Morton Gray, The Truth Lies Buried, Top 10 Writing Tips
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Top 10 Writing Tips by Author Morton Gray @MortonSGary #Top10WritingTips

Top 10 Writing Tips by Morton Gray

Welcome to week 13 of our Top 10 Writing Tips feature. If you’ve missed any of the other top tip posts you can find them all HERE. Please feel free to pop over and connect with the wonderful authors who have taken part.

Next up for the challenge is author Morton Gray.

Morton Gray, Top 10 Writing Tips, Author Shelley Wilson

Morton lives with her husband, two sons and Lily, the tiny white dog, in Worcestershire, U.K. She has been reading and writing fiction for as long as she can remember, penning her first attempt at a novel aged fourteen. She is a member of the Romantic Novelists’ Association and the Society of Authors.

Her debut novel The Girl on the Beach was published after she won the Choc Lit Publishing Search for a Star competition. This story follows a woman with a troubled past as she tries to unravel the mystery surrounding her son’s new headteacher, Harry Dixon. The book is available as a paperback and e-book.

Morton’s second book for Choc Lit The Truth Lies Buried is another romantic suspense novel, The book tells the story of Jenny Simpson and Carver Rodgers as they uncover secrets from their past. This book is available as an e-book, paperback and audiobook.

Christmas at Borteen Bay is Morton’s first Christmas novella. It is set in her fictional seaside town of Borteen and follows the story of Pippa Freeman, who runs the Rose Court Guesthouse with her mother, and local policeman Ethan Gibson, as they unravel a family secret as Christmas approaches.

Morton previously worked in the electricity industry in committee services, staff development and training. She has a Business Studies degree and is a fully qualified Clinical Hypnotherapist and Reiki Master. She also has diplomas in Tuina acupressure massage and energy field therapy. She enjoys crafts, history and loves tracing family trees. Having a hunger for learning new things is a bonus for the research behind her books.

Morton’s Top Ten Tips:

  1. When you first start to write take the time to experiment – write fiction, poems, memoirs, prose. Try writing with different tenses, from different points of view, try different genres – historical, contemporary, fantasy, futuristic, etc. Play around to find out your own style, your unique voice, who the writer inside of you actually is.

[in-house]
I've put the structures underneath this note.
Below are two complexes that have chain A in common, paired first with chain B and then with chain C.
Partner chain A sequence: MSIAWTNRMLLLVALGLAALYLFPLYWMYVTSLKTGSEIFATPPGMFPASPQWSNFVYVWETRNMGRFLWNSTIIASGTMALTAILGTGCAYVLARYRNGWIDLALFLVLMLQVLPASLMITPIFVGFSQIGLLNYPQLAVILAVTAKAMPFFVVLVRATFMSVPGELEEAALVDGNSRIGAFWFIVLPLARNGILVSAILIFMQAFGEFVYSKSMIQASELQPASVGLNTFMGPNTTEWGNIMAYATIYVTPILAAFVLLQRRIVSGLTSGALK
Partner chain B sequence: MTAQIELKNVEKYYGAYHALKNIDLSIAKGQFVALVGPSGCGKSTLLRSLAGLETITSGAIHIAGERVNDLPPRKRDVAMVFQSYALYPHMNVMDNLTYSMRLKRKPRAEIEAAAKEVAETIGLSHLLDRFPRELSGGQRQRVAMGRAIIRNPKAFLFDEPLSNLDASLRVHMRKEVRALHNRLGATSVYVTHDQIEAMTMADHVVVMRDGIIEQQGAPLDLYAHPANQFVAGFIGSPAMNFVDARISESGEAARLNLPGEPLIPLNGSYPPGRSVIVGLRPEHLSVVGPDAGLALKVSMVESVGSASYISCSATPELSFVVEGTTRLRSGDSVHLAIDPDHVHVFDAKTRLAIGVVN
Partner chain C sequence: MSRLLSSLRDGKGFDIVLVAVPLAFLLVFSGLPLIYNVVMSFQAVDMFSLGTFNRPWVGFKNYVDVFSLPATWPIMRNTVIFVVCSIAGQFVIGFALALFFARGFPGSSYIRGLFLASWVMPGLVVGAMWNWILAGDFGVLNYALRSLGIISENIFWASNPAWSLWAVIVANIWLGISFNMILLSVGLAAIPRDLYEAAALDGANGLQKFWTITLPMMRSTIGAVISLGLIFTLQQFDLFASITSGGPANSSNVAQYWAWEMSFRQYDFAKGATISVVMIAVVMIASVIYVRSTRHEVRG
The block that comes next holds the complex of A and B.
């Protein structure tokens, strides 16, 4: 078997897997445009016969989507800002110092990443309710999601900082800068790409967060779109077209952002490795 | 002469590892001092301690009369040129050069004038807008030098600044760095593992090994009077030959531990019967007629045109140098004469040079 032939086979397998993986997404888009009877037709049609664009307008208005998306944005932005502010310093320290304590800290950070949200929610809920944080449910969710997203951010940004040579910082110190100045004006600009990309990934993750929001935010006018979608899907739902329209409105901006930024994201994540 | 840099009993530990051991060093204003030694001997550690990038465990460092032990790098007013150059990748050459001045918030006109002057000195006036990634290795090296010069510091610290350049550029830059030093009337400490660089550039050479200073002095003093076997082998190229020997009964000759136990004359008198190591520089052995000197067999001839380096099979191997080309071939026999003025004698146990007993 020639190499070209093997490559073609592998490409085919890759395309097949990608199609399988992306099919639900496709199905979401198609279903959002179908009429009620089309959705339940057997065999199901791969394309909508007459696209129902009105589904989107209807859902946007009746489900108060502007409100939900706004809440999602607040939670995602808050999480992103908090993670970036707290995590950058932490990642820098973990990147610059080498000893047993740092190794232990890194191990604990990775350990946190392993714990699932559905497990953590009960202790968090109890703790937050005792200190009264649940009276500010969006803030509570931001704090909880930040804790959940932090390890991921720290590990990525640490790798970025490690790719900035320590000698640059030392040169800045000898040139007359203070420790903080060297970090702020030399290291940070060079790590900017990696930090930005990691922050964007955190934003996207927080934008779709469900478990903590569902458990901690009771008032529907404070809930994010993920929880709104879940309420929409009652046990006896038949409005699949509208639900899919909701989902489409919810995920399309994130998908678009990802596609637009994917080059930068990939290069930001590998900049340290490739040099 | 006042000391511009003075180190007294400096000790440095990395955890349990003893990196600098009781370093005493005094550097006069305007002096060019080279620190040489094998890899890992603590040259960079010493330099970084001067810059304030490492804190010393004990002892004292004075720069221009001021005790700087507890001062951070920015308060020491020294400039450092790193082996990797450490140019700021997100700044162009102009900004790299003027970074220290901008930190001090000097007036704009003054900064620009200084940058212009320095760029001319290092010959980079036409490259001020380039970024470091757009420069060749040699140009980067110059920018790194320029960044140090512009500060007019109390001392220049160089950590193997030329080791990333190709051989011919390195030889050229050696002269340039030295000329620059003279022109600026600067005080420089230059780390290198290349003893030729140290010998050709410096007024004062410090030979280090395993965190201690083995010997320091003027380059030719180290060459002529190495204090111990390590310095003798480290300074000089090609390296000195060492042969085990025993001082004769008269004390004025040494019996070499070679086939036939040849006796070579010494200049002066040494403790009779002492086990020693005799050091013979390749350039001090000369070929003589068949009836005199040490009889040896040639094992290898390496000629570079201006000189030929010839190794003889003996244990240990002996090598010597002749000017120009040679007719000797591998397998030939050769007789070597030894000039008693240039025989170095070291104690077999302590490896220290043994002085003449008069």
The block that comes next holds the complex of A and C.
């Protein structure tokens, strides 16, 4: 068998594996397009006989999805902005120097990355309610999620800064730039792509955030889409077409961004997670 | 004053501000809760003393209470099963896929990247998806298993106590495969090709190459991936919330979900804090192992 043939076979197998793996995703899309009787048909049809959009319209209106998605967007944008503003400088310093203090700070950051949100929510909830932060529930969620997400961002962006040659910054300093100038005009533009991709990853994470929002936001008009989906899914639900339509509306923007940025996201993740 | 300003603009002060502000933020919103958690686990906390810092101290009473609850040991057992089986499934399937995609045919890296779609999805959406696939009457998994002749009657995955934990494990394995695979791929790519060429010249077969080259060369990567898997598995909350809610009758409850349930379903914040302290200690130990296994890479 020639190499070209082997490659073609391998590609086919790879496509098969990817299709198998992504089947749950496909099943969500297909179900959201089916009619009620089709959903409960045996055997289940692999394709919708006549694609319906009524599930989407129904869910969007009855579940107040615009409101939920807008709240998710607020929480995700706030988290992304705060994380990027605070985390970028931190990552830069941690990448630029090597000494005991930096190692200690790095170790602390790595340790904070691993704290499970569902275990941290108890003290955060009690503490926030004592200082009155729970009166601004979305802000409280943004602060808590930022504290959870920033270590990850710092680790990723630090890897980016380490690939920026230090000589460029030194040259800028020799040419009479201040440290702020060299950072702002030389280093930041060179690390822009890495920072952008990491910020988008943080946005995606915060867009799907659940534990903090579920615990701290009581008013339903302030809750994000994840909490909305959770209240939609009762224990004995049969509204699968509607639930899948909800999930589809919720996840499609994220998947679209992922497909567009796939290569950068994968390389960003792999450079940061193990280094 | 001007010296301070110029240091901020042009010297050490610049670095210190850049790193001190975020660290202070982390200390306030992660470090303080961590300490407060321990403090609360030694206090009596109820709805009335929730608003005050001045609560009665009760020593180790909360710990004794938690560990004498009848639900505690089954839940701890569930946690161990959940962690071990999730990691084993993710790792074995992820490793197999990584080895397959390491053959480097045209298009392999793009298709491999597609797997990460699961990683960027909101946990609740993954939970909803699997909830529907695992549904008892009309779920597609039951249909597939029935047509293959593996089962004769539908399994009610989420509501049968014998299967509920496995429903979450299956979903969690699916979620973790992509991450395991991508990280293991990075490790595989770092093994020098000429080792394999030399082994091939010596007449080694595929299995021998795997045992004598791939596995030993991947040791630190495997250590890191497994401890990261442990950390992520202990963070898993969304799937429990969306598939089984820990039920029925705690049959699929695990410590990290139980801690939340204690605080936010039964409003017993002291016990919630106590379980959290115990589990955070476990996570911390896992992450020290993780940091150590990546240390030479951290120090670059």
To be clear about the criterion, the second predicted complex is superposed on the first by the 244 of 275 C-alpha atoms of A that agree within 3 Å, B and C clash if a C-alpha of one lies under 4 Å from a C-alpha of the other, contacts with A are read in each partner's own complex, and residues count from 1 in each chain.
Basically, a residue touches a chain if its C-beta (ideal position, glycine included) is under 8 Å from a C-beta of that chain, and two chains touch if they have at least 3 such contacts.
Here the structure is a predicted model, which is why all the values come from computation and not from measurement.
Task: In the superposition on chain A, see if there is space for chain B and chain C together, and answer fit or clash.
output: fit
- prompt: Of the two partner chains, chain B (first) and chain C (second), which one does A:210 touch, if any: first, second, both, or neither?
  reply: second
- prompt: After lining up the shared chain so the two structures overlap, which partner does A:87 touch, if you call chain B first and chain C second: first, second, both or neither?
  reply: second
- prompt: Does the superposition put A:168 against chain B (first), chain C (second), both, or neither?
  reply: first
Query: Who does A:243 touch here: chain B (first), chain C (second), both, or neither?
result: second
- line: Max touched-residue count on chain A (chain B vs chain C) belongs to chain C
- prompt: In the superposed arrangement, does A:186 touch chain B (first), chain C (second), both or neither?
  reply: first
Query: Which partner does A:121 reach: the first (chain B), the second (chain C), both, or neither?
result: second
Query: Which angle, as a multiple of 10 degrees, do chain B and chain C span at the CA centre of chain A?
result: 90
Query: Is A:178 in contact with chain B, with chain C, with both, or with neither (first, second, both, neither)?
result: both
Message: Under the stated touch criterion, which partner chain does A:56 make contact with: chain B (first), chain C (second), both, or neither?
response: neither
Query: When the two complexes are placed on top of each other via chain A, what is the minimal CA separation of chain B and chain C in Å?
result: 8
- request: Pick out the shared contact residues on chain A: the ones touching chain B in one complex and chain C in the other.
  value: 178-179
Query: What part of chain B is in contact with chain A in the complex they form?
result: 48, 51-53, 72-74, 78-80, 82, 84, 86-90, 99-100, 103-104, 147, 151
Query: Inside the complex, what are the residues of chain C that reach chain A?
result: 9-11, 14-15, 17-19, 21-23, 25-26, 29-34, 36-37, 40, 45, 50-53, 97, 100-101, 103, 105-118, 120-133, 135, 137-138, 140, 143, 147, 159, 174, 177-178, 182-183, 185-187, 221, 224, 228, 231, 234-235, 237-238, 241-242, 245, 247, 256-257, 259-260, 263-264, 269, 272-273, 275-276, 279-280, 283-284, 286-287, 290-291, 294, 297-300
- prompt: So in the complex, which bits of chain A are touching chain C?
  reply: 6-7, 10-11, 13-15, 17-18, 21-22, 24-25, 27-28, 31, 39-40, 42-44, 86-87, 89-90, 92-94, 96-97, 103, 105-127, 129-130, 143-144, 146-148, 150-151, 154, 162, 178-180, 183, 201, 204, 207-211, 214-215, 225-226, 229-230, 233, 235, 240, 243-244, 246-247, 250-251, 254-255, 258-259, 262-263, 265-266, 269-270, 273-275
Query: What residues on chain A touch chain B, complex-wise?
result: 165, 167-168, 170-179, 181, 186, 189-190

2. Learn the words you overuse. We all have them! When you’ve finished a piece of work search for these words and change the ones you’ve repeated too often.
  3. Recognise when you are avoiding finishing a piece of work – you will probably discover an obsession with housework or shopping – look out for the signs and get yourself back on track – timed writing is quite a good cure for this.
  4. Realise that it is always easier to start a new piece of writing than to finish one that has become a bit tricky – persevere!
  5. When your piece of work gets to that tricky stage explore alternative ways to proceed. A spider diagram is really useful to explore your options, but sometimes you will need to walk away for a while to allow your brain to work on the problem subconsciously while you do something else.
  6. Read your work aloud. There is something about hearing your words that allows you to find errors more easily. If you use Microsoft Word the new version has a read back feature which is absolutely brilliant.
  7. Enter competitions. This is a good discipline because you will have a deadline and probably conditions you need to meet in the piece of work. Writing magazines usually have details of competitions in them. I am particularly fond of competitions, because I found getting shortlisted in them encouraged me to keep going and eventually, I got my first publishing contract on the back of a competition win with Choc Lit.
  8. Keep learning. Read a lot. Write a lot. Go on courses. Writing conferences are fantastic for workshops. I’m a member of the Romantic Novelists’ Association, but there are associations for poetry, crime writing, historical writing and many more.
  9. Find your tribe, be that a writing group or an online group or maybe a couple of fellow writers. The writing life definitely has ups and downs and you will need like-minded people to share the highs and the lows.
  10. Be yourself in your writing, don’t try to be someone else. Authentic writing will always shine through.

Morton Gray, The Truth Lies Buried, Top 10 Writing Tips

Huge thanks to Morton for sharing her top tips with us. If you want to check out her books then you can connect with Morton on her website, or via

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Morton Gray, Top 10 Writing Tips

Read a previous interview with Morton Gray HERE, and a guest post she wrote HERE.

12 thoughts on “Top 10 Writing Tips by Author Morton Gray @MortonSGary #Top10WritingTips”

    1. A very easy trap to fall into I’m afraid. It’s okay to jot down notes for a new story inspiration but if you are not careful you can hop from project to project and never get anything finished. I have several t-shits 😳

      Liked by 2 people

    1. Thank you for commenting. When I recognise a word I overuse I write it on a post it note and put it into a box I keep for the purpose. When I’ve finished a story, I search for these words to ensure I haven’t gone mad with them. 😀

      Liked by 1 person

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